DeLisle Worrell: Economic and financial services developments in Barbados

Welcome remarks by Dr DeLisle Worrell, Governor of the Central Bank of Barbados, at the Domestic Financial Institutions Conference 2015, Bridgetown, 8 September 2015.

The views expressed in this speech are those of the speaker and not the view of the BIS.

Central bank speech  | 
08 October 2015

Welcome everyone to the annual one day conference on banking and other financial services for Barbadians and residents, organised by the Financial Services Commission and the Central Bank, in association with the Bankers' Association and our other partners in the private sector. As you know the FSC and CBB host two of these conferences every year, the other one with a focus on our international financial services. (The 2015 international financial services conference took place on April 10).

Today's conference comes at a time when the economy has overcome the foreign exchange challenge of 2013 by the decisive budgetary adjustment taken in that year. The adjustment policy is a textbook example of how economies like ours should respond to foreign exchange market pressure. The keys to success are early detection of the problem and swift implementation of tax increases and public expenditure cuts, sufficient to reduce the demand for imports. With that episode behind us, the focus returns to measures to grow the economy. Tourism is our main source of foreign exchange and we have had an encouraging revival in numbers and spending this year. New investment is underway or in prospect in hotels, tourism related services, public utilities and infrastructure. Both in tourism and in international business and financial services, government and private interests are taking initiatives to enhance the quality and range of our offerings, to explore new markets and to build the Barbados brand as the basis for our competitiveness. Quality, branding and smart marketing are also the key elements of the strategy for exports of food, beverages and manufactured goods. We have begun to recognise that power generation through alternative energy has the power to transform our economy. Now that we have made a start with photovoltaics, incentives for investment in green energy must be made effective, so that investment accelerates significantly.

The economic benefits of expansion of the foreign exchange sectors are spread through the society largely via small and medium enterprises. These enterprises will be the main source of job creation in the near term. SMEs are also the wellsprings of innovation and of the development of cultural and ICT services Barbados aims to sell to an international market.

Government plays a vital role in supporting these growth promoting activities with incentives, and technical, financial and other support. In addition, government has the responsibility to secure fair access to international markets for Barbados' competitive products and services. This must be achieved within a Government budget that is further reduced to a level that is sustainable over time. The ongoing priorities that are being addressed in this regard are:

  • Consolidation of government functions to reduce Government expenditures;
  • Measures to raise the average levels of productivity, and to improve Barbados' record for bureaucratic effectiveness. These measures will help to improve Barbados' international competitiveness and boost the capacity to earn and save foreign exchange;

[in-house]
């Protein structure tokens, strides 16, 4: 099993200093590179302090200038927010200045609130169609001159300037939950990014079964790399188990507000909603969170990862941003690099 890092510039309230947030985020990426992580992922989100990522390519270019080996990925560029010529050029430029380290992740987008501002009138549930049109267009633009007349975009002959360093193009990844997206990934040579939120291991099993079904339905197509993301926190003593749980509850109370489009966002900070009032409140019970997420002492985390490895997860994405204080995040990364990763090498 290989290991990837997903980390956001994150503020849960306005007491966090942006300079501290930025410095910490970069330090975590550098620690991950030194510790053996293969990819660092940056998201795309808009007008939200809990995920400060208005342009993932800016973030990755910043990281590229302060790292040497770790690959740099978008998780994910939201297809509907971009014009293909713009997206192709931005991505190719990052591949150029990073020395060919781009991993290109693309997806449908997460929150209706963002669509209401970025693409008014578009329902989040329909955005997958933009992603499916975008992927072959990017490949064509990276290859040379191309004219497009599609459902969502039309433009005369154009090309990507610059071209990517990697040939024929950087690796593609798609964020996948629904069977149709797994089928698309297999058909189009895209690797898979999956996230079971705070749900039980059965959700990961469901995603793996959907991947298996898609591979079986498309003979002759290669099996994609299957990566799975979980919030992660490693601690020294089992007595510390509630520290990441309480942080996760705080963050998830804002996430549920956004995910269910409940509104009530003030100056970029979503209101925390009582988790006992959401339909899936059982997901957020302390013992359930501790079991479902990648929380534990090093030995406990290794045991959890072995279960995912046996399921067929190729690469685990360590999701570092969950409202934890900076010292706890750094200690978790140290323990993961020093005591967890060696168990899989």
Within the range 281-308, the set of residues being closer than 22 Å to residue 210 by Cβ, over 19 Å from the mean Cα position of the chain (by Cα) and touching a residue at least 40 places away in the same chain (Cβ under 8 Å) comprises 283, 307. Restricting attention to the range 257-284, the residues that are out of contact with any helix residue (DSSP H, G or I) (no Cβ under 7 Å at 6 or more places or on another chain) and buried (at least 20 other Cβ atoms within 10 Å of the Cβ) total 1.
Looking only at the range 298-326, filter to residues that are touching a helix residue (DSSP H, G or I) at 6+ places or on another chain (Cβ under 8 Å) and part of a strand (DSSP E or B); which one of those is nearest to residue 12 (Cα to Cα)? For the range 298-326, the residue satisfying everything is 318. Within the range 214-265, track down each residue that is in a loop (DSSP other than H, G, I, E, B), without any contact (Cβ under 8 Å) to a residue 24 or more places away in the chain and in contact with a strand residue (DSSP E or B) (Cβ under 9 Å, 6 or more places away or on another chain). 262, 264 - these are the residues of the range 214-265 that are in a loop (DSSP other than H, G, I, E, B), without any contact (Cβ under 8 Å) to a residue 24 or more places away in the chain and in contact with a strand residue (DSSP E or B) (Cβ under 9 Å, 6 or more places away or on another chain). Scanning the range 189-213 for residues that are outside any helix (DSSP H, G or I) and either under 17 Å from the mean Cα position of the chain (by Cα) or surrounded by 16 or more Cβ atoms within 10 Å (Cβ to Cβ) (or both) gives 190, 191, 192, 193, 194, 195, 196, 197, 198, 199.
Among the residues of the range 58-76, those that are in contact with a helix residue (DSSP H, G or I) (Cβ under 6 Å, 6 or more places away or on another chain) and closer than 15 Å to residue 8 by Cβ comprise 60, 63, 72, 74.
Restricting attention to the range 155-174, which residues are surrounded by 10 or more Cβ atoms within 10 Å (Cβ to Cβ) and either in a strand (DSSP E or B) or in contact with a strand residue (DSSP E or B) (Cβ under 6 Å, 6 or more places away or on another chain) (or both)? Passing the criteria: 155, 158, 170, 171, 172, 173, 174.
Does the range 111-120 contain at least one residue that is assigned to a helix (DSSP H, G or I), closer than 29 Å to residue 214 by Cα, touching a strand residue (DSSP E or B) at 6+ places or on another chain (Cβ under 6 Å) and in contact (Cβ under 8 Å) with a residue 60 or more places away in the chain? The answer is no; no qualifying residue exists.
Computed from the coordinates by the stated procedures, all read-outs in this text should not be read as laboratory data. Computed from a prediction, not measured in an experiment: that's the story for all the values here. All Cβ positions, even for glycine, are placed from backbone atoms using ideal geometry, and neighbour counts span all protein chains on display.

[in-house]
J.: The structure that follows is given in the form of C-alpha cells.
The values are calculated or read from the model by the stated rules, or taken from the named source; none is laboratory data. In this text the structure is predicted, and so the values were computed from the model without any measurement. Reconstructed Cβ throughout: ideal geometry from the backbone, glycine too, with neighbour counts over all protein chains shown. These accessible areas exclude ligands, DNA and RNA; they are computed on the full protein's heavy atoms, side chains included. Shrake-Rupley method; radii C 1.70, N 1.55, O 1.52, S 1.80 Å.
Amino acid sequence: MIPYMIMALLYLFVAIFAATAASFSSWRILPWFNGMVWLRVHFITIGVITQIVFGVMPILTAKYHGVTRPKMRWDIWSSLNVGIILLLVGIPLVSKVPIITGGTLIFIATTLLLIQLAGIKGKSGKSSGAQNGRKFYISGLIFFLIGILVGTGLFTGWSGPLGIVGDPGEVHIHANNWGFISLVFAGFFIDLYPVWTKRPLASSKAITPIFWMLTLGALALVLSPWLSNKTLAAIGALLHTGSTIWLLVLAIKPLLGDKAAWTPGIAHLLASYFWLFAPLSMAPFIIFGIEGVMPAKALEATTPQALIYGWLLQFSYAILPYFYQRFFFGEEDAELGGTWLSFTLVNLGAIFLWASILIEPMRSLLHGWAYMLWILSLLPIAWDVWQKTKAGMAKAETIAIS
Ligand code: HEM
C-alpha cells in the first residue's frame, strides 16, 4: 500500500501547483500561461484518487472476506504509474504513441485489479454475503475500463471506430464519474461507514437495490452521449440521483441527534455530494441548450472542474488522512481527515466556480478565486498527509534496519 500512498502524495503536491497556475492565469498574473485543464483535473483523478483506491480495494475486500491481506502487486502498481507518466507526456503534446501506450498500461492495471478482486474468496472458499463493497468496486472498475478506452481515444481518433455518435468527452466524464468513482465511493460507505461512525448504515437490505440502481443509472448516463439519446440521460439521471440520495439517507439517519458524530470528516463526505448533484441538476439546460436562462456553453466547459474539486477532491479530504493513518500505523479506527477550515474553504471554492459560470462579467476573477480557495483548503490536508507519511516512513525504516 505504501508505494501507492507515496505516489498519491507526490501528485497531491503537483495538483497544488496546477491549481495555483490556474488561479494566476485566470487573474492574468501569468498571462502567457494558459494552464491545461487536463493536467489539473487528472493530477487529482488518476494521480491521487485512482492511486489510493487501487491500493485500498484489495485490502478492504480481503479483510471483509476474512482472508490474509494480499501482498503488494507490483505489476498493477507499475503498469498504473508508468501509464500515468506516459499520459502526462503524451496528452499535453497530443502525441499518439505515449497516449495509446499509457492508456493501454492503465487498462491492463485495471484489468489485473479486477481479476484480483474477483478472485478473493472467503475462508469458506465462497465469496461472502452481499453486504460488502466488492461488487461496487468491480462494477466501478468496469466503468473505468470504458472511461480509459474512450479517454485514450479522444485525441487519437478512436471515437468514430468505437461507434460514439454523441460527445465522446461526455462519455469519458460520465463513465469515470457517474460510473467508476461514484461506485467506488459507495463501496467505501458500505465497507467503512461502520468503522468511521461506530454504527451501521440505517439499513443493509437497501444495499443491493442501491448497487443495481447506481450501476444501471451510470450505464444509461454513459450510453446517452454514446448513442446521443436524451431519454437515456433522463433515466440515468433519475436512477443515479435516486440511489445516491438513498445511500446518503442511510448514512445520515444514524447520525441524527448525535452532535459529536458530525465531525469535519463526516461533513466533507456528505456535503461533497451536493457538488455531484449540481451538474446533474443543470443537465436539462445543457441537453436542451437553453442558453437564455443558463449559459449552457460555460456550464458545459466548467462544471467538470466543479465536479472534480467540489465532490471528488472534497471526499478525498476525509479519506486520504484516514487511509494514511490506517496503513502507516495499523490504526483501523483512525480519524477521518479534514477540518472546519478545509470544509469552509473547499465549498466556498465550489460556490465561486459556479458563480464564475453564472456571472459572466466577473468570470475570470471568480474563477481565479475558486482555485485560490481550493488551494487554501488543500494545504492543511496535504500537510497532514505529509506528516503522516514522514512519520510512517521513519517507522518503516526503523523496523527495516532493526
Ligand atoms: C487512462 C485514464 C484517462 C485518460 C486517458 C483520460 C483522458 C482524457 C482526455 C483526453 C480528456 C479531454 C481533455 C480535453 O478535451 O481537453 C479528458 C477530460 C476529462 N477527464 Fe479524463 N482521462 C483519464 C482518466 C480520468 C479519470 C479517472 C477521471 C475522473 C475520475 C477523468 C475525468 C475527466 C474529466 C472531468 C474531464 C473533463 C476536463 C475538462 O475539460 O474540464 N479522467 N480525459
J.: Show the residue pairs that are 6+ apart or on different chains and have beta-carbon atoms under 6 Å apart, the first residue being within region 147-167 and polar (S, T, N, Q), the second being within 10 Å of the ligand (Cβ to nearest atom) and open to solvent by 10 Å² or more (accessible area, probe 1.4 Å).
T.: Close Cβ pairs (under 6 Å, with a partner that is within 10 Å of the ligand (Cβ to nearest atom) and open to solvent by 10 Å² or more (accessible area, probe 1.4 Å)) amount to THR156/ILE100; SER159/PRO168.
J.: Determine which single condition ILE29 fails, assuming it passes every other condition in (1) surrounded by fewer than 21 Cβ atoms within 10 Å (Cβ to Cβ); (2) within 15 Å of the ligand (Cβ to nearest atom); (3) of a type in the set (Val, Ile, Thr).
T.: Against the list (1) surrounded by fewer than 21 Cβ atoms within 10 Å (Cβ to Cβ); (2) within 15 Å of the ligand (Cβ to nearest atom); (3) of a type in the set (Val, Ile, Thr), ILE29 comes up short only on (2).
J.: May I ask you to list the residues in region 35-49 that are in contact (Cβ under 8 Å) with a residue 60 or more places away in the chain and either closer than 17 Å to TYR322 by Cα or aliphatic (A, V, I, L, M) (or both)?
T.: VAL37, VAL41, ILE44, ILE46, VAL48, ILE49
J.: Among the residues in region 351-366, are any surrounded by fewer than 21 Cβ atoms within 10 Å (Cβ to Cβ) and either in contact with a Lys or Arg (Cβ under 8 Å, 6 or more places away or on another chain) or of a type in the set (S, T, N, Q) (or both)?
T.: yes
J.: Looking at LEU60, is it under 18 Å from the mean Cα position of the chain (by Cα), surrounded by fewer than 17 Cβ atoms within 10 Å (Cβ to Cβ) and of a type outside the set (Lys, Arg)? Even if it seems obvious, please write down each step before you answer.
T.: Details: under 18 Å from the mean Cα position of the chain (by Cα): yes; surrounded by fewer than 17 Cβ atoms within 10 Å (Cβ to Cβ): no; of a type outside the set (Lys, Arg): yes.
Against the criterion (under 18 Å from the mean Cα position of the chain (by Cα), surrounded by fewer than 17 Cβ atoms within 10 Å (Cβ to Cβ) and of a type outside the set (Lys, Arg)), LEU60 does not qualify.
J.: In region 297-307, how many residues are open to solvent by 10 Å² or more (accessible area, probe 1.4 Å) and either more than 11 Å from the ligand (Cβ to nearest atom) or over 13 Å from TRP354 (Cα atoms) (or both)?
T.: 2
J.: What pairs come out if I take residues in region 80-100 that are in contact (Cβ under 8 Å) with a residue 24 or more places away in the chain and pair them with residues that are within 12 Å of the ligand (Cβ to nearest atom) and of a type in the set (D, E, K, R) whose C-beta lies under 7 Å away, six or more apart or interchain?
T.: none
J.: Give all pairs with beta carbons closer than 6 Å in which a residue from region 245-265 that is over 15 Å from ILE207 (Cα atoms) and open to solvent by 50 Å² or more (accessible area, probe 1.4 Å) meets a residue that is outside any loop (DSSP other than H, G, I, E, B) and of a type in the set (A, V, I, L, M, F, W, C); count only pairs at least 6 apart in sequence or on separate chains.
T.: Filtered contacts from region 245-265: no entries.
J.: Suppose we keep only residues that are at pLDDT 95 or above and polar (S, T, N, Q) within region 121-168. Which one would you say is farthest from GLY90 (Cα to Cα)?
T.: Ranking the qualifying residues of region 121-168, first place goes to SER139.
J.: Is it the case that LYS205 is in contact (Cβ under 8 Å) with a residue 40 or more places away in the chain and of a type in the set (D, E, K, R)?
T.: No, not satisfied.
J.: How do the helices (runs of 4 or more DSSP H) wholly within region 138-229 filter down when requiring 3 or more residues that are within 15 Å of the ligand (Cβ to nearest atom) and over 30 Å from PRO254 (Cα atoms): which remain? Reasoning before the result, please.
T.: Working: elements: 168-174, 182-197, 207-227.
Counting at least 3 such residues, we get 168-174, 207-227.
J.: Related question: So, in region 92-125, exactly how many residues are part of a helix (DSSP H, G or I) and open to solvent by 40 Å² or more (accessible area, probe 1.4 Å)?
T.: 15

• The elimination of Government arrears of payment.

Monetary policy plays a supporting role in the Barbadian economy. The Central Bank's target is to keep domestic interest rates in line with international trends, taking account of the tightness of domestic liquidity. In the current circumstances where banks have funding well in excess of their customers' demand, interest rates can be expected to decline, as the fiscal deficit falls, arrears are paid off, and confidence in fiscal management returns to the market. The Central Bank's sole policy instrument is the Treasury bill rate, which the Bank aims to influence via the T-bill auction. Anton Belgrave will discuss how this market has behaved, in his presentation to the conference this morning.

The Financial Services Commission and the Central Bank constitute the Financial Market Oversight Committee (FMOC), which meets to review the health of the financial system. Together we issue the annual Financial Stability Report and a mid-year update. This conference provides an opportunity for the FSC and Central Bank to explore aspects of the financial system and new developments in some depth. Randy Graham will provide an update on the FSC, and Tamara Hurley will speak on the latest guidelines on the assessment of credit risk, as we continue the ongoing process of supervisory upgrades.

The global phenomenon of low interest rates poses a challenge for pension funds, in their search for investments that provide them with yields sufficient to meet their obligations without eroding the capital value of their assets. Charles Herbert will make a presentation on the trends in pension investment.

The global concern over the action by many international banks to discontinue provision of financial services to certain categories of customer is something we cannot ignore in a conference of this kind. Allan Wright will make a presentation on this topic. Allan is coordinating a Caribbean-wide study to garner information on the extent of the problem, under the auspices of the regional central bank governors. Marlon Yarde will provide us with information on the activities and prospects for the Barbados Securities Exchange.

We will end with a panel on electronic commerce in which we will discuss the availability of electronic payments facilities and what measures would be most useful in promoting e-commerce.